It would not be an exaggeration to say that if one needed to identify a single dramatic film that would stand as both harbinger and emblem of cinematic modernity, it would be Abel Gance's La Roue—written in 1919, finished in 1921, and released in 1923.1 Clearly, this was the opinion of Jean Cocteau, who said, "There is the cinema before and after La Roue as there is painting before and after Picasso."2 Jean Mitry agreed, calling La Roue a "springboard for the avant-garde [film] movement."3 I make a similar claim for reasons that distinguish La Roue from other candidates for iconic status. First are its hyper-epic dimensions (running for nearly nine hours and shown over three days in its Paris premier)4—a fact that (like the earlier works of D.W. Griffith) announced the cinema as a major art: one not only for light entertainment, but for prolonged contemplation. Second, like such later works as Ballet Mécanique (1924), The Man with the Movie Camera (1929), A Nous la Liberté (1931), and Modern Times (1936), La Roue centrally explores the machine and its relation to human life—here, the locomotive. Third, it tackles, early on, yet another concern of modernity—the human mind, especially its unconscious elements. Finally, it accomplishes all this in a style that is relentlessly modern-ist—not always the case in filmic works that invoke modern subjects. All of these issues are at play in a statement by Gance in 1929 that describes the difference between painting and the movies:
Compare a painting of a train rushing through the night and the passage on the screen of the same train, with its thousands of images giving views of the outside, the engine, the vertiginous motion of the wheels, the carriages, and of the inside, the [End Page 189] compartments, the faces of travelers . . . the dreams of those who are sleeping and the thoughts of those who are awake, all that in rapid succession, juxtaposed, intercut, an incessant flood of images . . . and tell me what contains the maximum of reality and life.5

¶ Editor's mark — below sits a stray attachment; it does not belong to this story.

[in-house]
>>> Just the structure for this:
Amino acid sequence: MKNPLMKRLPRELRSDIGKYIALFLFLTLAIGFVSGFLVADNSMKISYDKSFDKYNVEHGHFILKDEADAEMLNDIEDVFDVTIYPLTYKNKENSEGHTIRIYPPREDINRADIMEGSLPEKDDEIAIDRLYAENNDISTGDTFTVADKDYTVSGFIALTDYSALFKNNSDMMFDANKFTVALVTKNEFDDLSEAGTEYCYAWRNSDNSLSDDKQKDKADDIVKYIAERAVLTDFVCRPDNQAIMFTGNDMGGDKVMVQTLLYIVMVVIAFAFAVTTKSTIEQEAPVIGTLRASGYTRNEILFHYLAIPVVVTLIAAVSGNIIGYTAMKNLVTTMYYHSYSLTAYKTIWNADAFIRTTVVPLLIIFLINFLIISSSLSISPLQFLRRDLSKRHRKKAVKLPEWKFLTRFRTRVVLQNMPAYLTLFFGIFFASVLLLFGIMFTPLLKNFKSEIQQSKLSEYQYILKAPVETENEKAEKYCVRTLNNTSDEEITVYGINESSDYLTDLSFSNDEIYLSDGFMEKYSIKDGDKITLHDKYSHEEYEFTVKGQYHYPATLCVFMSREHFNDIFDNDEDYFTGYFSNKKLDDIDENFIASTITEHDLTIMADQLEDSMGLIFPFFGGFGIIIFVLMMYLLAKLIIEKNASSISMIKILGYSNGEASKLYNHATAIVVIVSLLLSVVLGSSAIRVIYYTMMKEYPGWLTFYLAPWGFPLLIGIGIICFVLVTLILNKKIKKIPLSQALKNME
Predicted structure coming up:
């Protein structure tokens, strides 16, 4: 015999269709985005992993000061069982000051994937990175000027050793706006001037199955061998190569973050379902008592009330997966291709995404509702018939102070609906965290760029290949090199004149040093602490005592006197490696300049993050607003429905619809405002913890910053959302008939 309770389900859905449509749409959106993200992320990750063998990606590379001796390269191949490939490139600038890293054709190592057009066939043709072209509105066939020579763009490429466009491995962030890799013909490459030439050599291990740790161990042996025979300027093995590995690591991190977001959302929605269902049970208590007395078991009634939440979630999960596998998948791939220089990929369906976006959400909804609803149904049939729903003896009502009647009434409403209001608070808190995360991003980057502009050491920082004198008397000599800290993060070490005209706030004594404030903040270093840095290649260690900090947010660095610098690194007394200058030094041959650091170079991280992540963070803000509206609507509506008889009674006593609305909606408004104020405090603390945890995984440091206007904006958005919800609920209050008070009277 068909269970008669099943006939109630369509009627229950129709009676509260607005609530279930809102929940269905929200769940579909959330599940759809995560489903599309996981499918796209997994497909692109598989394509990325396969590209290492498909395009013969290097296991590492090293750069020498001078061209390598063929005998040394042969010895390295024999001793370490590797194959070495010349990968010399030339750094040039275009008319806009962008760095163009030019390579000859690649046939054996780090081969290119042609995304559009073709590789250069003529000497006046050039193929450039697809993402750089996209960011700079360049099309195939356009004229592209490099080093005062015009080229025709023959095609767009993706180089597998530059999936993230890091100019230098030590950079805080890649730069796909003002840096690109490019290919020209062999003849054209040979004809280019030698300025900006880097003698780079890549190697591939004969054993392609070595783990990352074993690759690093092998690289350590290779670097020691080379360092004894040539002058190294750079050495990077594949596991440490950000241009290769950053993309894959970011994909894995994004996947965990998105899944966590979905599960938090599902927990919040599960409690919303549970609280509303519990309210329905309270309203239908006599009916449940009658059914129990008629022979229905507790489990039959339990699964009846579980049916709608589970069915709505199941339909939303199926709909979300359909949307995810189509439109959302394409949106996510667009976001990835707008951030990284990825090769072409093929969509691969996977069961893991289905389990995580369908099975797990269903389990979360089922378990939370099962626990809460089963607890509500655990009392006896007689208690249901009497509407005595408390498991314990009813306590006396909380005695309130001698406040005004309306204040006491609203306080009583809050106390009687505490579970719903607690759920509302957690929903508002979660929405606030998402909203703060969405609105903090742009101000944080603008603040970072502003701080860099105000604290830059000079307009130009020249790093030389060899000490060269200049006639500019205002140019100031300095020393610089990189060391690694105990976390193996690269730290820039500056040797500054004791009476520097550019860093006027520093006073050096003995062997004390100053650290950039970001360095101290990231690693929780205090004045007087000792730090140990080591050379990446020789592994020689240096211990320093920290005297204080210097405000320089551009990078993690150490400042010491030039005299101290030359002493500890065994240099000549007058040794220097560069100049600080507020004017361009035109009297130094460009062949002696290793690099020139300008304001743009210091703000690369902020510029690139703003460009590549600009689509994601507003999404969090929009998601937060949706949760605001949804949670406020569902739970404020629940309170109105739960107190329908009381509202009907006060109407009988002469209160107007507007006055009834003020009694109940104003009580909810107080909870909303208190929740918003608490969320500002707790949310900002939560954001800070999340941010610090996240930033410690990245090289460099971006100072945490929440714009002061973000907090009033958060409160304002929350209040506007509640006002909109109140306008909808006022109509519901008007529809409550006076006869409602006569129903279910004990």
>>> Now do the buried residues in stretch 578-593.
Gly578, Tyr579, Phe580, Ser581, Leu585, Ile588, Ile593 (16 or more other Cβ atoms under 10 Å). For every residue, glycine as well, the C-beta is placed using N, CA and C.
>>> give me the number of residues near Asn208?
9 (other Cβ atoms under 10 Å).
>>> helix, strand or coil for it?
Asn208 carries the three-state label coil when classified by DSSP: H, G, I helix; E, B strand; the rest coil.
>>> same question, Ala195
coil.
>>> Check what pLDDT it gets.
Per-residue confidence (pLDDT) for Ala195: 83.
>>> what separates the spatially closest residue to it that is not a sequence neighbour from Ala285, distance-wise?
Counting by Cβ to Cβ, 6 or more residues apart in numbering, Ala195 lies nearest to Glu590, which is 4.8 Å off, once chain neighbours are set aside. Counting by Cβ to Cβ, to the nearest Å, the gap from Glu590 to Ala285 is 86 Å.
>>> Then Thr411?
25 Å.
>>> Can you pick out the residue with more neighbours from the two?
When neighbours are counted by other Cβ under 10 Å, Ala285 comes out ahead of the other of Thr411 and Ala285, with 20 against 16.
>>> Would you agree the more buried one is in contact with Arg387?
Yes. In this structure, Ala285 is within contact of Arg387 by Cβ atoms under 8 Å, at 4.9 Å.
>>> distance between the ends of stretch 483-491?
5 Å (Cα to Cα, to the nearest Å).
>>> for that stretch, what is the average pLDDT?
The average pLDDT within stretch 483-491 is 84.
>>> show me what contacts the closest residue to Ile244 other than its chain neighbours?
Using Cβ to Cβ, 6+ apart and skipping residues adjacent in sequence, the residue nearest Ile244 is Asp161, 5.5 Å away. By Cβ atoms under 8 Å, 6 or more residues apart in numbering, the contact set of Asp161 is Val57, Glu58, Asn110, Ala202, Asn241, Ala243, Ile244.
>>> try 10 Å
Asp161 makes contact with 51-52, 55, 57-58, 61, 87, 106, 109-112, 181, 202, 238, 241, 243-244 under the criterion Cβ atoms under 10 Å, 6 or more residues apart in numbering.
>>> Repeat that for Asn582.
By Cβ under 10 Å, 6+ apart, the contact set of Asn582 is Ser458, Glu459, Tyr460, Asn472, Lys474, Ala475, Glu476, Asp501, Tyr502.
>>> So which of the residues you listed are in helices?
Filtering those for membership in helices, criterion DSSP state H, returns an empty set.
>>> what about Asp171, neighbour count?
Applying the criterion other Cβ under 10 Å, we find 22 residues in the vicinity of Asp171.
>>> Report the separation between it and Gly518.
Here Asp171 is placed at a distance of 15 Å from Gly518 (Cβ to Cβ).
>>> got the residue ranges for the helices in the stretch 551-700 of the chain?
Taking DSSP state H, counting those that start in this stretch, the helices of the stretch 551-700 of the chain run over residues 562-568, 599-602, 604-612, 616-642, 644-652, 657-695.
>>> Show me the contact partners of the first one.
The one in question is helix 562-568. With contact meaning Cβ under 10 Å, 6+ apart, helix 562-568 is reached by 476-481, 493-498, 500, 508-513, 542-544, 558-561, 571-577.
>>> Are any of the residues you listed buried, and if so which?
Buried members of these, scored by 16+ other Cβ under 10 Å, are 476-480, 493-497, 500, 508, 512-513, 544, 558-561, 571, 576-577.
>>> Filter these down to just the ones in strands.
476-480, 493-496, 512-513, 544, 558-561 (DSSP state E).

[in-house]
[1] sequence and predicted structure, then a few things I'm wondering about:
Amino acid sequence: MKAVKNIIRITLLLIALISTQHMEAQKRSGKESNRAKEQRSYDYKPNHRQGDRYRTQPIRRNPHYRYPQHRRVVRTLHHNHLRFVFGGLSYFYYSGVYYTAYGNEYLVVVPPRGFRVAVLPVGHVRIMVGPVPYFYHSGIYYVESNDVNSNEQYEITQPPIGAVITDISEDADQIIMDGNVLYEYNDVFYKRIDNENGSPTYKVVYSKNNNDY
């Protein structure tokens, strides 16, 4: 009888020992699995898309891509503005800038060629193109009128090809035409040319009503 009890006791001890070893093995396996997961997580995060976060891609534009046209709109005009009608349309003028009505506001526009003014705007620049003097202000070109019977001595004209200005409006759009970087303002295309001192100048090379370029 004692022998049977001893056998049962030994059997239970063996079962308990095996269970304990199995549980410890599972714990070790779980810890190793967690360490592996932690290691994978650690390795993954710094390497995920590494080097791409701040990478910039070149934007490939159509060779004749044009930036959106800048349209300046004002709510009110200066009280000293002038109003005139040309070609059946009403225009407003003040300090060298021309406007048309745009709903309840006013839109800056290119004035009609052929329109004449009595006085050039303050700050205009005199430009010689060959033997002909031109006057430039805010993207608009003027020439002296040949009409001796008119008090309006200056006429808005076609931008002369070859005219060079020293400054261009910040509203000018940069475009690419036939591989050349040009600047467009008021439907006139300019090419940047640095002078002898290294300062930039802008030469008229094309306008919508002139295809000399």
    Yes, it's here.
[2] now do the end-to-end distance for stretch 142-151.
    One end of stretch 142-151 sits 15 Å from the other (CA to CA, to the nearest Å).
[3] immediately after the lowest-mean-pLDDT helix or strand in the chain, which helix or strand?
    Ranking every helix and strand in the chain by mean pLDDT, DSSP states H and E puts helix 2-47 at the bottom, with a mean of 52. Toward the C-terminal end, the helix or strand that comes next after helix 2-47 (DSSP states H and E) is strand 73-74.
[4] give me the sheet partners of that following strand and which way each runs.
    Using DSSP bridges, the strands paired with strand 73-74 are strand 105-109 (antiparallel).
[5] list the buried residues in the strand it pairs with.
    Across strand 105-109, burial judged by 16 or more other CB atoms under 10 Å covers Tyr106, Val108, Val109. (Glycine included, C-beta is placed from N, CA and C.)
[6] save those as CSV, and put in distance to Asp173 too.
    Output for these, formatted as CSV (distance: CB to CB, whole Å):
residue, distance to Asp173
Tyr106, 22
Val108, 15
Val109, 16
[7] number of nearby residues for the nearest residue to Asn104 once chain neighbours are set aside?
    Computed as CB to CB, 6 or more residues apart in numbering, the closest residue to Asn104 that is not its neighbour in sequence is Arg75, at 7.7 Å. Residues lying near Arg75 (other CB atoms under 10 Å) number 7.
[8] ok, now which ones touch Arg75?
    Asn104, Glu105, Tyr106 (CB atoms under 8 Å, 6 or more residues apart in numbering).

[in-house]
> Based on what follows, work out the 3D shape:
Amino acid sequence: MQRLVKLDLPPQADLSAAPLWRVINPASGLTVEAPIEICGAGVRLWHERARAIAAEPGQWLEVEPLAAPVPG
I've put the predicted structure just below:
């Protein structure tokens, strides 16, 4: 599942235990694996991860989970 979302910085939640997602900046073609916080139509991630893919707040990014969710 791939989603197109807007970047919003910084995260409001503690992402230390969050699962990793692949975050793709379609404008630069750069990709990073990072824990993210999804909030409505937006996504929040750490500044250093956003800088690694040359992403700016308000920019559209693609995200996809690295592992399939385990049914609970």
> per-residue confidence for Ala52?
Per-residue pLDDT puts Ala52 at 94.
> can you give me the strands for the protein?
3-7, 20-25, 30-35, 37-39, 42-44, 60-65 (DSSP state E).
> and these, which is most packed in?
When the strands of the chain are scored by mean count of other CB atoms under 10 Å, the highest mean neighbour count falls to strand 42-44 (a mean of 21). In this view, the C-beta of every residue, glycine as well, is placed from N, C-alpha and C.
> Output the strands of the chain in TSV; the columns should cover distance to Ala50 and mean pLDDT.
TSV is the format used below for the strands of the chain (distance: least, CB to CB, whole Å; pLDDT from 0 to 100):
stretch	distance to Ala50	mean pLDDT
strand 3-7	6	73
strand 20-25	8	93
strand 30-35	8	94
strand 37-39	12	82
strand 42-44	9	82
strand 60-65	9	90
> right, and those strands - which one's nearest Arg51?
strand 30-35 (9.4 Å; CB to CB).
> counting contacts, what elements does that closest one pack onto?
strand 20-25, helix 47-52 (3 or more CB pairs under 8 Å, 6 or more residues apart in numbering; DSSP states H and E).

Clearly, here, Gance makes a rhetorical move that is typical of theorists in the first decades of film culture—to compare cinema favorably with more legitimate arts. Most likely he was thinking of the work of Impressionist Claude Monet, who had executed a series of works depicting trains (for instance "Train in Snow"  and "Lazare Station" ).
Gance is announcing that the style he envisions for cinema is an experimental one, involving montage, or (as he notes) shots in "rapid succession, juxtaposed, intercut" in "an incessant flow of images." But the most fascinating aspect of the statement is Gance's interest in both the exterior and interior of modern life—the look of the train as well as the dreams and thoughts of its passengers. His use of the term "vertiginous" for its wheels brings these two aspects together: the external machine and its effect on the human mind. Hence, despite the fact that some critics have related the film's title The Wheel to the dynamics of fate, we can also understand it as referencing both the cogs of machinery (including those of camera and projector), and the "wheels of consciousness."6 For evidence that the latter comparison was often made in the late 19th and early 20th centuries, we might look to Percy Byssshe Shelley's notion of the "self-impelling steam-wheels of the mind," or to the lines of a poem by Gance's assistant, Blaise Cendrars, that some believe inspired Gance:7
The wheelLifeThe machineThe human soul 8
Following Cendrars's lead, we will first consider the machine and then the human mind—though, in truth, La Roue will present them as entirely interconnected.
It goes without saying that the train was a symbol of modernity in the 19th century. As William Everdell has written, "We call 'modern' everything that happened to any . . . culture after it had built its first railroad."9 In the early years of the technology's existence, it was often the subject of as much fear as awe...